Portugal's 17-day-old non--party government fell on Thursday night (14 September) when Parliament rejected its programme by an absolute majority.
LISBON, PORTUGAL (SEPTEMBER 14, 1978) (REUTERS)
GV EXTERIOR Parliament Building.
GV PAN INTERIOR with session in progress. (2 shots)
SV Dr. Mario Soares speaking ( in Portuguese)
GV Deputies applauding.
GV M Nobre da Costa mounts dias and speaking
MV ZOOM OUT Deputies listening.
SV Deputies voting by standing.
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Background: Portugal's 17-day-old non--party government fell on Thursday night (14 September) when Parliament rejected its programme by an absolute majority. The cabinet, headed by Prime Minister Alfredo Nobre da Costa, was defeated on a Socialist motion, but they will stay in office in a caretaker role until President Antonio Ramalho Eanes, can find their successor.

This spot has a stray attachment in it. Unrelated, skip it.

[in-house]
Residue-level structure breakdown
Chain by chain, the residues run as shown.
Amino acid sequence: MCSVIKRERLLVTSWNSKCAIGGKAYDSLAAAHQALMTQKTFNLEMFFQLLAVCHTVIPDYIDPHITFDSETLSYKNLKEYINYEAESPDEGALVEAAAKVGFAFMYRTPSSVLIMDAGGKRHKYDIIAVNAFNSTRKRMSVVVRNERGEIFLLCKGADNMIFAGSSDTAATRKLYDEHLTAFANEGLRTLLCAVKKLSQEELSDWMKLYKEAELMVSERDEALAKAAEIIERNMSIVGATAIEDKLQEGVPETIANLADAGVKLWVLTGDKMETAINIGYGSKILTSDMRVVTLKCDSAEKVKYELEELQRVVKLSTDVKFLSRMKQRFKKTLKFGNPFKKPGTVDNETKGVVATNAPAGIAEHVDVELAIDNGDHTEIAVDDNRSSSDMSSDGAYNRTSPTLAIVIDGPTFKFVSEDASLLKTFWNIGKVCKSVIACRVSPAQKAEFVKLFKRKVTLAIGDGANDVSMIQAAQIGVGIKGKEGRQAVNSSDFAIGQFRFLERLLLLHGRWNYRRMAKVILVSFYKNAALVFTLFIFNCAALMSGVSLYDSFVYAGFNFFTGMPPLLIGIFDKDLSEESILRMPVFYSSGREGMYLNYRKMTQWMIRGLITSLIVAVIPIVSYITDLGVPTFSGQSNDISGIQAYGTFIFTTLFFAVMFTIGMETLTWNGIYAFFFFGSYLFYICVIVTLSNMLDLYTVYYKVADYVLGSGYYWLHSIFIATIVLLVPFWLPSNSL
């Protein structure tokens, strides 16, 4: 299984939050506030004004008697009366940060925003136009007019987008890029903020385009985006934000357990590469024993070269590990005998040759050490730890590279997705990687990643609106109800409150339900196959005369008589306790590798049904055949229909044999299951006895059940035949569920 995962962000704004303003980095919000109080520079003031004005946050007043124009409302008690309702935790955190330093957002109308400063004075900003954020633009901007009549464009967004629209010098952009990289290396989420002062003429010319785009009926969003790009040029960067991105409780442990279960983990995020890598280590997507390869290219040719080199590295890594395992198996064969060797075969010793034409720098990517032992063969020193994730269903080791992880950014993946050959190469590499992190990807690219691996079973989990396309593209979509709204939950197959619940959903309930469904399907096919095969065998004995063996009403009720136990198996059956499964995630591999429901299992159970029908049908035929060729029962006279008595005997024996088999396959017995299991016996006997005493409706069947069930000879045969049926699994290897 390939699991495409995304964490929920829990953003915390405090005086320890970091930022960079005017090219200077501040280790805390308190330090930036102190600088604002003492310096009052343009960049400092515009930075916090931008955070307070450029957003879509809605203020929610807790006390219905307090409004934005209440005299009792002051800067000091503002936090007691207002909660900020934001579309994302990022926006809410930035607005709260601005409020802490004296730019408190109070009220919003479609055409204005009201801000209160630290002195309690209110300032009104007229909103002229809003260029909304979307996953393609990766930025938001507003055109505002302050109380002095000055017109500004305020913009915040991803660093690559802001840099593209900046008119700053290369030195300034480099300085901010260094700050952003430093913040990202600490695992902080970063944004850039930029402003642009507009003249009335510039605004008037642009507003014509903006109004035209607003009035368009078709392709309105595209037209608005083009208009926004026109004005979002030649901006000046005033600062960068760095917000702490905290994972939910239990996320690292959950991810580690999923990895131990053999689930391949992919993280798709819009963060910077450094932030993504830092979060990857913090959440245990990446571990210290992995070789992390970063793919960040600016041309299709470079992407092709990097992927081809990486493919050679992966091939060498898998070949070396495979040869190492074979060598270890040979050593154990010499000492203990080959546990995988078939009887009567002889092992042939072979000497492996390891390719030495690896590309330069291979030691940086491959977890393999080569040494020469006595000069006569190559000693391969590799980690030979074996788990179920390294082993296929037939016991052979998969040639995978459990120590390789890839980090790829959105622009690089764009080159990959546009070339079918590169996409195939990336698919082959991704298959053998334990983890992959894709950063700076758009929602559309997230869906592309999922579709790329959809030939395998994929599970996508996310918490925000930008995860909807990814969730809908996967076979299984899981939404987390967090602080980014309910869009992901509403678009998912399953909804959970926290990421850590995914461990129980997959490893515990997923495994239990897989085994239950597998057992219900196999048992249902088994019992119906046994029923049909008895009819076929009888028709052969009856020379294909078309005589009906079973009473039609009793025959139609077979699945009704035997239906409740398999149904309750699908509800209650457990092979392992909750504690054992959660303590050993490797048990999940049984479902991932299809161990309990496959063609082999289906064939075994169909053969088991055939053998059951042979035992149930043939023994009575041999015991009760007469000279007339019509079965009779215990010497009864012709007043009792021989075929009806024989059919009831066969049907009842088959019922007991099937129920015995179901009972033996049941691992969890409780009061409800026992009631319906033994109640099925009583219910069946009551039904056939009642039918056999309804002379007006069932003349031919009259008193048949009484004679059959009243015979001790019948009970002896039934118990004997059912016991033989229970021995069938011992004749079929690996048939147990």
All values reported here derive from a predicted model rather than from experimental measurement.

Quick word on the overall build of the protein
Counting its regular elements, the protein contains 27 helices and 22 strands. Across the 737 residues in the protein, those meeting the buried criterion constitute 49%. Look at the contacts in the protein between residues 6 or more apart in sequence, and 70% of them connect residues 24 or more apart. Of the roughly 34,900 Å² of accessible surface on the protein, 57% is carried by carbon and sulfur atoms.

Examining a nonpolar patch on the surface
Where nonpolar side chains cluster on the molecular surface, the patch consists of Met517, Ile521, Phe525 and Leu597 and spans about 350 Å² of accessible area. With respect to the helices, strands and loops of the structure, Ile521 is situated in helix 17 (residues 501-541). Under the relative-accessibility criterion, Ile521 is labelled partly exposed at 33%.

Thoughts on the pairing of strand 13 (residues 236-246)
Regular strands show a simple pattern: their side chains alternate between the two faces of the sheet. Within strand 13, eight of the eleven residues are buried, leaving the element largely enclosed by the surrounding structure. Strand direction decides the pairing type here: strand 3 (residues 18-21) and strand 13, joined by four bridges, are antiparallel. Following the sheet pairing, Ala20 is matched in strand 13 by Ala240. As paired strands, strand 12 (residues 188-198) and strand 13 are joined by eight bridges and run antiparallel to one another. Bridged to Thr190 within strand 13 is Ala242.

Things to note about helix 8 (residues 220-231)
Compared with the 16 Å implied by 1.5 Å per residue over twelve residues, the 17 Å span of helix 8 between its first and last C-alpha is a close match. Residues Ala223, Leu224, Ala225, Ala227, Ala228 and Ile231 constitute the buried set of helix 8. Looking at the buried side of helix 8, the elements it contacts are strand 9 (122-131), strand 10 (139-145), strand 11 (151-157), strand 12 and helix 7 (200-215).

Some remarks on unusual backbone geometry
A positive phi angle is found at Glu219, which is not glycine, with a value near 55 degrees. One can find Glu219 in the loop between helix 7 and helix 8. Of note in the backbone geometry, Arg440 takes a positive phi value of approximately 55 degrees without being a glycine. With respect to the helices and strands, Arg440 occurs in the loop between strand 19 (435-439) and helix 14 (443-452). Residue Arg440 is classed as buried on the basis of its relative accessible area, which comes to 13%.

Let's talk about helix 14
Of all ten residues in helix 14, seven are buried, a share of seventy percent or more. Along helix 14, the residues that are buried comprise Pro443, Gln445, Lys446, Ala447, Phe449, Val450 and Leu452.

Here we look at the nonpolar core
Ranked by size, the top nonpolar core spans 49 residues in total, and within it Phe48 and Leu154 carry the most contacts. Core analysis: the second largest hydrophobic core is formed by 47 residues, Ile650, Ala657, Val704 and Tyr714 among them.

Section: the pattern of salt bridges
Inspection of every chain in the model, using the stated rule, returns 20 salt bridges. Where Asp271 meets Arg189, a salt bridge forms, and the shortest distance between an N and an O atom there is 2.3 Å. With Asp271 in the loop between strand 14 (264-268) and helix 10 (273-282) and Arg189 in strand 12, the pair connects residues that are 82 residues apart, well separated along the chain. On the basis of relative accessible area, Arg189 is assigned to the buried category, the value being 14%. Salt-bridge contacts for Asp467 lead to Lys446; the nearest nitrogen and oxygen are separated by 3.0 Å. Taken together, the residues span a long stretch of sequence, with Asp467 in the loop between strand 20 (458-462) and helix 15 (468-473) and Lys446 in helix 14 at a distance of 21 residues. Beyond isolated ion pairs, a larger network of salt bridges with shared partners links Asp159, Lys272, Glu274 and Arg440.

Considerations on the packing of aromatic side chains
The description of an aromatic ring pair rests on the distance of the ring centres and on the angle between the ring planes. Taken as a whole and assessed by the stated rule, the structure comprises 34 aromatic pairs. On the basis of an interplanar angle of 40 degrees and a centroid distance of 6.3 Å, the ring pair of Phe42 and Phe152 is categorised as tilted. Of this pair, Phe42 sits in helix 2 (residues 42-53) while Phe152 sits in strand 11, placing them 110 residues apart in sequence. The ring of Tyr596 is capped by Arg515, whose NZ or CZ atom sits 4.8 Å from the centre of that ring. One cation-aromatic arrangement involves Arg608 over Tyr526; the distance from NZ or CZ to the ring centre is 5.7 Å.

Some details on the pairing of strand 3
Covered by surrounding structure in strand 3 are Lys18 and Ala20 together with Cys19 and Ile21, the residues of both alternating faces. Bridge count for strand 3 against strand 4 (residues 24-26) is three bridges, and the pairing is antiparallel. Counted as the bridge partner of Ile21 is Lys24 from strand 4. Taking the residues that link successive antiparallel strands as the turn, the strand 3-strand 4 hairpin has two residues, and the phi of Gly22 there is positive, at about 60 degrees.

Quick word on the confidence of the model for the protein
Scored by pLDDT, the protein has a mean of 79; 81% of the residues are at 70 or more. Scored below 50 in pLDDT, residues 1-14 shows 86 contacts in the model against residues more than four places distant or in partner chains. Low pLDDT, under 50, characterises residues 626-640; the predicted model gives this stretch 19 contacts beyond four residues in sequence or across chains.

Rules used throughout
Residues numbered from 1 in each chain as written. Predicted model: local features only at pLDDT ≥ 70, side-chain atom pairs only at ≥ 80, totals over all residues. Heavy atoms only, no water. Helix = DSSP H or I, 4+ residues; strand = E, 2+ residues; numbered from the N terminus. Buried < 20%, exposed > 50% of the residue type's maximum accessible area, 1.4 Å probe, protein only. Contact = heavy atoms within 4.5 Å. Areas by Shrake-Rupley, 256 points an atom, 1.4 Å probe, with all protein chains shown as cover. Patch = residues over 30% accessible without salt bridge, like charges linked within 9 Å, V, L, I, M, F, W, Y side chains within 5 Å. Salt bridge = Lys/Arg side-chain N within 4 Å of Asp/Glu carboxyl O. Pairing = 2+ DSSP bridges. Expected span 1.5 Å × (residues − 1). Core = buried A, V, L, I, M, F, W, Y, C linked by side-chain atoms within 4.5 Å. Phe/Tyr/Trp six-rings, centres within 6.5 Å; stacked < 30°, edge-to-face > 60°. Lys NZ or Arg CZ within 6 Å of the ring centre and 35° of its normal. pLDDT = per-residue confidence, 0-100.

It was clear that the end was near when the Socialists, Communists and Centre Democrats combined to thwart the Prime Minister's efforts to form a new government.
The left wing alliance was reaffirming its support for the Socialist leader, Mario Soares who was dismissed in July. Mr Soares, in a speech which virtually sealed the fate of Mr Nobre da Costa's cabinet insisted his dismissal had been unconstitutional. He called for a combined vote which would demonstrate how the left dominated parliament. The Socialists under Dr Soares had headed both of Portugal's democratically elected governments after the 1974 coup which overthrew fifty years of right-wing dictatorship.
Mr Nobre da Costa acknowledged that he had failed to find a compromise and told the deputies that it was the Assembly's right to reject him if it wished. He added he was concerned that Portugal was still unable to find a stable government.
When the vote came, the government was defeated by 141 votes to 71, with 40 abstentions. The result was bitter for Mr Nobre da Costa. Most of his votes came from the Social Democrats. they supported him only as a "lesser evil" pending early elections.